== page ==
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  7. This is a great list of zero-waste cleaning tips. In particular, the olive oil and beeswax tips: have never heard of it before and will definitely try it out!

    I actually just compiled a thorough guide to getting started with the zero-waste cleaning. I think you might find some of the ones not mentioned here useful.

    For example, vodka has some surprising advantages over vinegar for cleaning. Take a look if you get a chance: labient.com/zero-waste-cleaning-guide.

    Natalie

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  8. Hello! I love your blog, it's such an inspiration! Please, where did you find the spray bottles? They seem to be made of glass. I would be glad to find some, I am still using plastic bottles which is fine but not when you want to use pure hot vinegar (for really hard to remove limescale). Thanks in advance. :) A french fan.

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    1. Hi Estelle you are so sweet! They are old Aesop mouthwash bottles, they are glass, I just reused the sprayer from an old Mrs Meyer's cleaning product. If you click the little picture of the glass bottle above there should be a link to where you can buy it online... I don't know where to buy them in shops in France though :(

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  9. Hello! It's coming up a year that I bought and started using the Savon Du Marseiile. I slowly used up my other products and have NOT been replacing all those 'specialty' cleaners with SDM. I'm in love. I'm constantly amazed at how well it cleans, degreasers, shines, washes, launders, de stains and just smells FRESH! It is the best thing to wash my dog with - the clean dog smell lasts longer with the marseille soap over any dog shampoo I have ever used, including the vet shampoos as my dog has a skin yeast that is awful. It took a stain off a blazer that the dry cleaner did not and the blazer smelled cleaner and fresher after I washed it with SDM! I'm truly amazed at how well 'great grandmas soap' is and how much I do not need to buy to have a beautifully clean house! Thank you Ariana!!!!

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    1. Hi Kate! This is so awesome! Glad to hear it's working out so well for you. Thank you for telling me, I love hearing stuff like this :)

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  10. Hi Ariana,
    Any advice regarding dust? Unstoppable, self multiplying dust! I only use soap, vinegar and baking soda in my cleaning routine.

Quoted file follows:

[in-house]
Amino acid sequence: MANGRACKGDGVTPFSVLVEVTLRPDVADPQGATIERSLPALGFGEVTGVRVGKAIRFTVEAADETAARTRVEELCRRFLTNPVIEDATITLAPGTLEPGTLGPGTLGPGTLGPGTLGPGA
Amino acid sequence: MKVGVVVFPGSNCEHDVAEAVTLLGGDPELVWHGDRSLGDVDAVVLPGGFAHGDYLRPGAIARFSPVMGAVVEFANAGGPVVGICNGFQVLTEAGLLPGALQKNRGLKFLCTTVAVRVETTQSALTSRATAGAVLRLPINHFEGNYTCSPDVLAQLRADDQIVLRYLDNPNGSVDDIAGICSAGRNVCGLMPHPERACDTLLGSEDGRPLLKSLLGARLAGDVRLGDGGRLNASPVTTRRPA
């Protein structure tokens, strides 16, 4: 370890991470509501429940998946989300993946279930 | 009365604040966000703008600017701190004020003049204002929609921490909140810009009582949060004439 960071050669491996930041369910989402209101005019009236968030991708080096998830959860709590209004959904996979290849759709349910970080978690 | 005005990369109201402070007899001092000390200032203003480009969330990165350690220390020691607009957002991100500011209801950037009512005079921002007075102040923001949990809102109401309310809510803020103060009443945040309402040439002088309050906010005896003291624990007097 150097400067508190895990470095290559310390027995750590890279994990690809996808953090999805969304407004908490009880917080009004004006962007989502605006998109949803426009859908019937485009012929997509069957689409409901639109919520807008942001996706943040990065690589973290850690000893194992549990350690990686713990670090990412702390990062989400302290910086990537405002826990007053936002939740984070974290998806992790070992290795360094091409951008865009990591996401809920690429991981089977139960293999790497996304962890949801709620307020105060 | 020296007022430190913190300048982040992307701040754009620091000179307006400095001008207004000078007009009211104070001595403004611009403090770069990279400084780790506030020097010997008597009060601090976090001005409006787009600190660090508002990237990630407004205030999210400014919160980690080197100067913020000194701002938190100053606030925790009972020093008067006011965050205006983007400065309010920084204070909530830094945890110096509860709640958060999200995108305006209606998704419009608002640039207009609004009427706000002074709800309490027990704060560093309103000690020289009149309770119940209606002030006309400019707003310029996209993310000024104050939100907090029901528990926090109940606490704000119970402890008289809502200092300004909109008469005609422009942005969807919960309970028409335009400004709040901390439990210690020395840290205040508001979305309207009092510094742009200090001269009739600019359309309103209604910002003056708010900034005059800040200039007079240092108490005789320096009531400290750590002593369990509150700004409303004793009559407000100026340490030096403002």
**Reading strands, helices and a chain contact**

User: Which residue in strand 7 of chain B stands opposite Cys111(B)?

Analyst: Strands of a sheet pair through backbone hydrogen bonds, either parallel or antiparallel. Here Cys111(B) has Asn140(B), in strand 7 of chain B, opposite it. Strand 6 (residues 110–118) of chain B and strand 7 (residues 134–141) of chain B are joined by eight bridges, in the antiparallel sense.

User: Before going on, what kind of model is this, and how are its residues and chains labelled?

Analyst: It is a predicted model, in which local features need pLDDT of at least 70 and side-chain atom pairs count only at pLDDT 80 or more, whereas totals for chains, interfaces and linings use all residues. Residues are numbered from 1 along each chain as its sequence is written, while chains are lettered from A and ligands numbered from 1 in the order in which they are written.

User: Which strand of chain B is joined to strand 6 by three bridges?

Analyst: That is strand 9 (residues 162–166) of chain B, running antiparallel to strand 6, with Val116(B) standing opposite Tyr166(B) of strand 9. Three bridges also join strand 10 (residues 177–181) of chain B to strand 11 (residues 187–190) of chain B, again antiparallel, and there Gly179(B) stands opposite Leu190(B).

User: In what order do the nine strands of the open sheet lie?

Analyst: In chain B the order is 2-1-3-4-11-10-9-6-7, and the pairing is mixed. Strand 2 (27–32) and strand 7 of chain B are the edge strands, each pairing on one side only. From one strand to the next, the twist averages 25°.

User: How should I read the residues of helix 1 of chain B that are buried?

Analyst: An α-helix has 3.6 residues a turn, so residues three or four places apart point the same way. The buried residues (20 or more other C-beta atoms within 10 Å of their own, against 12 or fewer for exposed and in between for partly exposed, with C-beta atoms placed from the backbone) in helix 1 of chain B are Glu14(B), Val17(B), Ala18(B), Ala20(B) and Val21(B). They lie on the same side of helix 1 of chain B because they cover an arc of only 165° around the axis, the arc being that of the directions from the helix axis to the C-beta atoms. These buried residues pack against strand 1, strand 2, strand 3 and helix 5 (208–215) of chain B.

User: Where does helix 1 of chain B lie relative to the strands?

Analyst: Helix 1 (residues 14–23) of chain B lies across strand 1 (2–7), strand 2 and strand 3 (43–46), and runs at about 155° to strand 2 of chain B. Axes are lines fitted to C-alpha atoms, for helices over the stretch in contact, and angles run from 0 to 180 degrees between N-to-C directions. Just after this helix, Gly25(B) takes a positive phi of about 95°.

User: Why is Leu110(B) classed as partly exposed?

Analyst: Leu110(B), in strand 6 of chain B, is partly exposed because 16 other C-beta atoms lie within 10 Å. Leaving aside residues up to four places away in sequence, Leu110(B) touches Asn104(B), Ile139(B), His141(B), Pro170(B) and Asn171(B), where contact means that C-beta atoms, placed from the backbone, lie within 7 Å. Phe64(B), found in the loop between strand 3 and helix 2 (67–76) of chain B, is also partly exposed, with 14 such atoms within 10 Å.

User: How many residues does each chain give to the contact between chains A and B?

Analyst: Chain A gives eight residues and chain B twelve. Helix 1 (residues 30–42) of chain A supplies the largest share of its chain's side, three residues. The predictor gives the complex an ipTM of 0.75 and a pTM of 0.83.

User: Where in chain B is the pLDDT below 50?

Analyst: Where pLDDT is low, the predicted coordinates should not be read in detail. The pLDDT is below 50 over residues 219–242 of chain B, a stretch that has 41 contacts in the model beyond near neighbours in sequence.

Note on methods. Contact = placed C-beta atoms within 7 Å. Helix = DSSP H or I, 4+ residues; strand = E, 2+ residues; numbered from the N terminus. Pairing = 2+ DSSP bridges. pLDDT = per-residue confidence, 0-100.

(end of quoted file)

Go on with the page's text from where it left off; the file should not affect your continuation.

And a hoover. We live in a busy part of the city and I have jat invested in a codless dyson, simply because I need to vacuum daily! I am at my wits end when I wake up in the morning only to be met with fluff that I just tackled in the afternoon.
    Is it the city dust or sonething else? How do you tackle it?

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    1. Hi Magdalena, I wiped up every day when we lived in the 7th because all the windows meant so much city dust. The wiping kept dust in check but I know it's not practical for everyone. That is so frustrating!

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  11. I thought I'd just mention- don't use vinegar on granite countertops!

    Otherwise, great tips!

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  12. You can find zero waste distilled water in Paris? The only stuff in the states I can find is in plastic jugs. Let me know if you have any good tips.

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  13. "Regarding bleach working as well as vinegar, vinegar is NOT as effective as bleach and does NOT kill as many germs. Vinegar does kill some things but it is only 90% effective against bacteria and 80%-83% effective against viruses and mold/mildew. Bleach kills 99.9% of bacteria, viruses and mold/mildew."

    https://www.livingonadime.com/vinegar-disinfect-as-well-as-bleach/

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  14. Hi Ariana I was wondering what do you do for blood stains? Do you spot clean or add the mixture directly in with your laundry detergent? I was hesitant about using bleach for my reusable lunapads and it sounds like you confirmed my suspicions. Wondering though if you just add vinegar or another mixture. Thanks!

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    1. Lemon juice might work! So far I’ve just used soap (either spot cleaning or throwing it in with laundry) on my glad rags and they’re still ivory, I find these oil based soaps are so good at getting out blood stains!

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  15. hi ariana! i'm wondering about how to make my mopping process more effective and zero waste. i have hardwood floors so there's lots of dust/debris even though i take off my shoes right at the doormat. what do you do for mopping? thanks!!

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  16. Hello Ariana! I've come across your blog recently and I'm loving it, although I don't know if you´'re still posting here...
    Anyway, about using Castille soap to do the dishes, I tried and it didn't go well. Probably because it's an oily soap, it didn't remove the grease and it was quite disgusting.